Such team-development software can help teams move through the forming-storming-norming-performing stages of team development at an accelerated pace. Oftentimes project teams get stuck at the forming or storming stages. In reality very few teams make it through to the norming and performing stages. Through tracking issues and accompanying states of being the software draws attention to patterns that causes the team to stagnate around a particular state of dysfunction. Identification of such patterns unequivocally identifies the stage of development that a team is at, and sets the bases for the team to begin to work away from such patterns to more desirable ones.
If there is a prevalent pattern of states such as ‘synthesizing’, ‘reasoning’, ‘calmness’, ‘patience’, and ‘enthusiasm’, punctuated by only instances of states such ‘haste’, and ‘fear’ for example, this would seem to indicate that a team is operating at the norming stage.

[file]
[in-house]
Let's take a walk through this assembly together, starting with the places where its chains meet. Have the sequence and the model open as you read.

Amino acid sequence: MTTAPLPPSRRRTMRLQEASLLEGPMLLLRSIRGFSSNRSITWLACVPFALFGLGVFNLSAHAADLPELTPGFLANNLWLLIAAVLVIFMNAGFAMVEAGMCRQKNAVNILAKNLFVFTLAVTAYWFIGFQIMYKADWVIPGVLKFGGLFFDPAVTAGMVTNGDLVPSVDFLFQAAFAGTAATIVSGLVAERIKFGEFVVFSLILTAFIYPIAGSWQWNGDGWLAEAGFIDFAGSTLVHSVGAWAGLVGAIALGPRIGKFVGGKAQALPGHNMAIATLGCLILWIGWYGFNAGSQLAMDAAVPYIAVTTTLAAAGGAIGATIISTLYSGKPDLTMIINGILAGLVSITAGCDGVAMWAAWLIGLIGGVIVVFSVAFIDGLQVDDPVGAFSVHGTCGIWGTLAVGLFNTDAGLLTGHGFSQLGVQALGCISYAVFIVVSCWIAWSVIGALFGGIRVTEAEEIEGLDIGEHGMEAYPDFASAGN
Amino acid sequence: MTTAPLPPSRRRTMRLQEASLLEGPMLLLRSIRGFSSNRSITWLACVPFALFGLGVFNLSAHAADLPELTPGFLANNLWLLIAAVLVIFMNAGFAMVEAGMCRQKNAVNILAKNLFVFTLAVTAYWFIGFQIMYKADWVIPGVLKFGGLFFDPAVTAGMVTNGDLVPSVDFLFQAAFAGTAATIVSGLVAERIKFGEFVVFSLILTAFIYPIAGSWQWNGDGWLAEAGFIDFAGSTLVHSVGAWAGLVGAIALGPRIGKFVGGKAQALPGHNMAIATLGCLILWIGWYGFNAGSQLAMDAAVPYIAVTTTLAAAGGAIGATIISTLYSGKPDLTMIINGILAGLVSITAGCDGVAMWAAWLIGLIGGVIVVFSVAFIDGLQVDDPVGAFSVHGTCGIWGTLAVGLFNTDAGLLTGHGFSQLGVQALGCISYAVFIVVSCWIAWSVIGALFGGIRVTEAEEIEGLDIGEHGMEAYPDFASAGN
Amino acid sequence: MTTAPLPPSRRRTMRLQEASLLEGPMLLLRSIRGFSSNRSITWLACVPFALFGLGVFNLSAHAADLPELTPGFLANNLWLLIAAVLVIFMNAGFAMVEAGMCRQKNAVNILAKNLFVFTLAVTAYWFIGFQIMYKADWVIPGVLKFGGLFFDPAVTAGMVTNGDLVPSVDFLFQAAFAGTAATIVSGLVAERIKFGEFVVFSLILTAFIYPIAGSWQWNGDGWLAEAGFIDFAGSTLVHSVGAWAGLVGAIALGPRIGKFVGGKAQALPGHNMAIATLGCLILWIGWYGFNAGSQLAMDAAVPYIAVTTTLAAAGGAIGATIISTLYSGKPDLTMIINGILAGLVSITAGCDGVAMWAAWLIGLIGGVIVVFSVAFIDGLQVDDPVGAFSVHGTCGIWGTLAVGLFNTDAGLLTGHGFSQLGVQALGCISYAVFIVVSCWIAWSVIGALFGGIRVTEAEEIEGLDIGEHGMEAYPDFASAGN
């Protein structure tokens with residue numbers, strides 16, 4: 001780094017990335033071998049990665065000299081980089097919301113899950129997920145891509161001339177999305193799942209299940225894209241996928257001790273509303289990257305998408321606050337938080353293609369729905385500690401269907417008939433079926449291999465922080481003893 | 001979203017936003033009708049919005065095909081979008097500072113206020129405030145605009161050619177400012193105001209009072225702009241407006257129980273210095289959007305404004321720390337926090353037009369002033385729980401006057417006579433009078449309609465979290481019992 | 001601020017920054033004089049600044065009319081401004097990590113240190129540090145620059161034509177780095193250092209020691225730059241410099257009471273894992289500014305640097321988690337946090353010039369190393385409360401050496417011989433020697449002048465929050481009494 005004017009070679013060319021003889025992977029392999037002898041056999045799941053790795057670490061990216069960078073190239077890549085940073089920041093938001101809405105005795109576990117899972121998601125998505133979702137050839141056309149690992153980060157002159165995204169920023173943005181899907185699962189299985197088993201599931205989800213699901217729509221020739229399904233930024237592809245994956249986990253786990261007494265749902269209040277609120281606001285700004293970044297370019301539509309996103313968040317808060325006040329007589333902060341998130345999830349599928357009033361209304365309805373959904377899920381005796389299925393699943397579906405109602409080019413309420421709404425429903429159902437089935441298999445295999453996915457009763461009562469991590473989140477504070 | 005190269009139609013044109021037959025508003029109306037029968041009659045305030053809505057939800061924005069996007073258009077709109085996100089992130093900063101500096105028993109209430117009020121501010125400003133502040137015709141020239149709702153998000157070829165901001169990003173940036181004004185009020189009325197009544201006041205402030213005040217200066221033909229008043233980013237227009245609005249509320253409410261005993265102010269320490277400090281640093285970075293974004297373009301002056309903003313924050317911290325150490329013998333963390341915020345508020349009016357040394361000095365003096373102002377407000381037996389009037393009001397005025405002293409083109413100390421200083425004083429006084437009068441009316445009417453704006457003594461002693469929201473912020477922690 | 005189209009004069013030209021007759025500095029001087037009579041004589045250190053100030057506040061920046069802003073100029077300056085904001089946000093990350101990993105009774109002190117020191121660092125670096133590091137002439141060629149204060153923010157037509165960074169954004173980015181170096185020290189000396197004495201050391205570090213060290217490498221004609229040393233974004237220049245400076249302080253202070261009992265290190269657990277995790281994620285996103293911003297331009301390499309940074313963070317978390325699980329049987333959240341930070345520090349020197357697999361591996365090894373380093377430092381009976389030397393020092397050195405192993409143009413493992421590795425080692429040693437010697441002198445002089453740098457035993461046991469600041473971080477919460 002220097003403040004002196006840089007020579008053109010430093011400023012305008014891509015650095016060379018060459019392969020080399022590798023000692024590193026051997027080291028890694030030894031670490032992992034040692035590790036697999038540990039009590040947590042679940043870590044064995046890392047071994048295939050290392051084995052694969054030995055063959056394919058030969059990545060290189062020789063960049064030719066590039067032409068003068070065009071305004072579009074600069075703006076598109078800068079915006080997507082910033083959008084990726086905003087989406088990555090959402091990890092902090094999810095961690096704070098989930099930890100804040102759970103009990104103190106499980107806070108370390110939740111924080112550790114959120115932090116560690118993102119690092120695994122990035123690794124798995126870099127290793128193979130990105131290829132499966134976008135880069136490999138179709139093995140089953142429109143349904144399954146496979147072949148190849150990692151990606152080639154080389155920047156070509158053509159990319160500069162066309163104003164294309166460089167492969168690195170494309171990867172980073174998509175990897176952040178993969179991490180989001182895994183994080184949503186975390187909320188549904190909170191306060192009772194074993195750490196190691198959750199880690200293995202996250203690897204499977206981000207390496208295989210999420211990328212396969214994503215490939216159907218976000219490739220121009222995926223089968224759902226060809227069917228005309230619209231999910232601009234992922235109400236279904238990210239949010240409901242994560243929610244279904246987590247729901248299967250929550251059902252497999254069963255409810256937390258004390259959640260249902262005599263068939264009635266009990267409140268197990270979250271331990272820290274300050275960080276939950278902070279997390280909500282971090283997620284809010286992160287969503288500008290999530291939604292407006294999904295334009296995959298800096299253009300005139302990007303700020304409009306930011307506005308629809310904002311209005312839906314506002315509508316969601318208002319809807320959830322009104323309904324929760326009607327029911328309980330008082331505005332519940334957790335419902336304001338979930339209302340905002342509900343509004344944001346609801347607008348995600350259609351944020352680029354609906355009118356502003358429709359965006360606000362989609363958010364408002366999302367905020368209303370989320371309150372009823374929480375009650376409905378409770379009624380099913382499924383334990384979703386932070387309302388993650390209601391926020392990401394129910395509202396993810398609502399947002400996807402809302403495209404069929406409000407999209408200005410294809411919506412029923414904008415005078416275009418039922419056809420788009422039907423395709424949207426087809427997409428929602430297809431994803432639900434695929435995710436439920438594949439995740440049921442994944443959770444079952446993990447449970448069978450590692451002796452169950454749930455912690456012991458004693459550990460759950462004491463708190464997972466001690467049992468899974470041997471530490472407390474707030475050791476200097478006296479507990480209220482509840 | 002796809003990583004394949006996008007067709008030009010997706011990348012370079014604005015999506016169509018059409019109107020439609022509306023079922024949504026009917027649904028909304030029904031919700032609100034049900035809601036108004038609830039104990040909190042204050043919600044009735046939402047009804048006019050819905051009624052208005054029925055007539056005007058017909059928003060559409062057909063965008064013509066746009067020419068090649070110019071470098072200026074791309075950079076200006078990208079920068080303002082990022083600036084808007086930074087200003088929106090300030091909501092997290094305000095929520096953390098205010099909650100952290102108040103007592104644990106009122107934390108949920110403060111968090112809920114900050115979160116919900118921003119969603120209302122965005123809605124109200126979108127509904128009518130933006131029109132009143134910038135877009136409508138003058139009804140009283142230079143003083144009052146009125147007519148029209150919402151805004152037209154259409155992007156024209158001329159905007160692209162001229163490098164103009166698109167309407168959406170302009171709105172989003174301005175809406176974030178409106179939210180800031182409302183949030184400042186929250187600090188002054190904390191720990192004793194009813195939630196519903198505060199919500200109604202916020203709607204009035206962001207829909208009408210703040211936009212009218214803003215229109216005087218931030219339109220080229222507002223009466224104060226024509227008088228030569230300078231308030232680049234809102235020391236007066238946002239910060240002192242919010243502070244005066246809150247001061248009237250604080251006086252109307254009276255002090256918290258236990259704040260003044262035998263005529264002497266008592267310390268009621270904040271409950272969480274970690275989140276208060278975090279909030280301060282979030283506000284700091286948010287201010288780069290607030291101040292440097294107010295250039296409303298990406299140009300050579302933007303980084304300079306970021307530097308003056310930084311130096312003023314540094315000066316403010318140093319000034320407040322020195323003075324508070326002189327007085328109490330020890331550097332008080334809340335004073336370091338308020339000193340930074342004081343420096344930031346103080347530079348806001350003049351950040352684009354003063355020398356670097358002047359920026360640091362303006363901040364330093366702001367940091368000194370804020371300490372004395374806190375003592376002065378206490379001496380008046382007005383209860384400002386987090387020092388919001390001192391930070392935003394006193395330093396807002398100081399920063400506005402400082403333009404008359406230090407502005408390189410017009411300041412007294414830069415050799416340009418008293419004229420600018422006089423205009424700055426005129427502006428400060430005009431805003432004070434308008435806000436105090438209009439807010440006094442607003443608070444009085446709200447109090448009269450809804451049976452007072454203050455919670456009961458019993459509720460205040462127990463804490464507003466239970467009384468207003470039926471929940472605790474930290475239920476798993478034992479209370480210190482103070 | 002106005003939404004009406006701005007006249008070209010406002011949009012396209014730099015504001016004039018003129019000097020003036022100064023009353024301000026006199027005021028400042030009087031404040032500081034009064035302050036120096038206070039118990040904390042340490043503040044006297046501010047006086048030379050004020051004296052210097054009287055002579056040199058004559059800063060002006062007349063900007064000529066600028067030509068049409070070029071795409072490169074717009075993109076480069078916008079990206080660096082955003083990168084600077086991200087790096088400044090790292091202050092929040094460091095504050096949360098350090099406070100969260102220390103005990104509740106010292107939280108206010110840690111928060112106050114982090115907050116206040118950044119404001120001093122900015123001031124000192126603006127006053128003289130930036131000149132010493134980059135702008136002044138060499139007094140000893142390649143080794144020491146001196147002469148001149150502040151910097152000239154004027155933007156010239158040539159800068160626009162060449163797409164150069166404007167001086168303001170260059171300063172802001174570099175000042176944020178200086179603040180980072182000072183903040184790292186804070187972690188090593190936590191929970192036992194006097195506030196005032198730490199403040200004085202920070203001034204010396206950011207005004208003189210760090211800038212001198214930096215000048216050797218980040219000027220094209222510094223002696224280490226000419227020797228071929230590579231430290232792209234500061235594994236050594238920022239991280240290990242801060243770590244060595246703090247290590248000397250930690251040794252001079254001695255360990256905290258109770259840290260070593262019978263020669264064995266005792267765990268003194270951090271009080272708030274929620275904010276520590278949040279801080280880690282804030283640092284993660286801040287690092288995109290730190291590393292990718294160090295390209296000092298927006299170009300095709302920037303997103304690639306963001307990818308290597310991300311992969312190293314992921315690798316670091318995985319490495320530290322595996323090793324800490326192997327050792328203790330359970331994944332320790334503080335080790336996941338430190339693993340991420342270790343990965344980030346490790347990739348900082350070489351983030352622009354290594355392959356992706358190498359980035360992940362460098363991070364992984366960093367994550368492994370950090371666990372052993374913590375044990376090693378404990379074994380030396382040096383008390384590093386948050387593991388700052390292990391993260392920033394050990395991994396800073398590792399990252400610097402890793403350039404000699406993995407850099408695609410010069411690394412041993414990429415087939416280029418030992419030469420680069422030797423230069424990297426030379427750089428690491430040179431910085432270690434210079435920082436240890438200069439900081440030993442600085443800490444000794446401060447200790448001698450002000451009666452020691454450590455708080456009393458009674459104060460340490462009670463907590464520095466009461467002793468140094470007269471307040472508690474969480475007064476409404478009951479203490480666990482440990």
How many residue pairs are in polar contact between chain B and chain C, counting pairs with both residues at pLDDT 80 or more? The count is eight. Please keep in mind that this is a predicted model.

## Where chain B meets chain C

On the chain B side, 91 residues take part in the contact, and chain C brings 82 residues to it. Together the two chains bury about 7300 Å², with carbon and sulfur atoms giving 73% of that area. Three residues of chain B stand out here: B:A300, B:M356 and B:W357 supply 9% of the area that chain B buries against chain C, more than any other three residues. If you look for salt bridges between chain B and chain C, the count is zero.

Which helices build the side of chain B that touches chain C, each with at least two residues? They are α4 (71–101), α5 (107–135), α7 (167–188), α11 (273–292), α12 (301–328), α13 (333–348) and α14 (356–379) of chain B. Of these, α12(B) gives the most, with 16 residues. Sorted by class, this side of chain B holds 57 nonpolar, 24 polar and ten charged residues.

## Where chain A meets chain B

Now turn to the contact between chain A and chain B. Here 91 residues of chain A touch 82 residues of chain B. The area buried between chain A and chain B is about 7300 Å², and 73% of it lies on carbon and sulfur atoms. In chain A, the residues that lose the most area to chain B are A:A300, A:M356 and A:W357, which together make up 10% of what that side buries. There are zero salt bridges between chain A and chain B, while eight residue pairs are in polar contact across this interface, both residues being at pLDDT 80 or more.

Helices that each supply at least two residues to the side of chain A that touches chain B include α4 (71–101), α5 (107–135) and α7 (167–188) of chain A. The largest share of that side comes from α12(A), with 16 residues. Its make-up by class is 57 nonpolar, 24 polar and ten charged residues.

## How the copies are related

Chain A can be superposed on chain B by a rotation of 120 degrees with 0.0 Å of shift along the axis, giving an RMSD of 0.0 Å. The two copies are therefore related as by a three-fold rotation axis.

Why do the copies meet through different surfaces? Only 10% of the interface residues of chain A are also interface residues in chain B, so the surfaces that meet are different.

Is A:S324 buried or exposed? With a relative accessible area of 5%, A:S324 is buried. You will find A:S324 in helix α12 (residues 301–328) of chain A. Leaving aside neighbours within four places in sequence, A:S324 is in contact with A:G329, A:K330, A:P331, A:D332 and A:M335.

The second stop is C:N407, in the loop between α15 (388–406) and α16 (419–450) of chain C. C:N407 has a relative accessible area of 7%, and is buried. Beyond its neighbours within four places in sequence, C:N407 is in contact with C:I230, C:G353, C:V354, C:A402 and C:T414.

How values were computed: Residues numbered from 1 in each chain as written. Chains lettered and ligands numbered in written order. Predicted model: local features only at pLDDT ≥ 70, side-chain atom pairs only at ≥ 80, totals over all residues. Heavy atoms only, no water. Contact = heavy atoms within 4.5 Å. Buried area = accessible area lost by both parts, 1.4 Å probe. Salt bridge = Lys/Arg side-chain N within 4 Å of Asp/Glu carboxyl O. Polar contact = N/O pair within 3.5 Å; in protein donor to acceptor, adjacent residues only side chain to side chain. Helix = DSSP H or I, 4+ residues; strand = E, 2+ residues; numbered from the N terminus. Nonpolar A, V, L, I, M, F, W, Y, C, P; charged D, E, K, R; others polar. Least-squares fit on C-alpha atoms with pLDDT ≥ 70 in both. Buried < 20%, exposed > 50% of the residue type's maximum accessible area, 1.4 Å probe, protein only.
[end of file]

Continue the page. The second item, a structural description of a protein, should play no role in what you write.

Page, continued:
The software allows teams to become more aware of the patterns holding them up, allows them to begin to surface and address issues in a safer way, provides insights into the particular circumstances that typically cause such patterns of dysfunction, suggests numerous ways in which to begin to move to better patterns of functioning, and allows tracking and shifting of such patterns in real-time.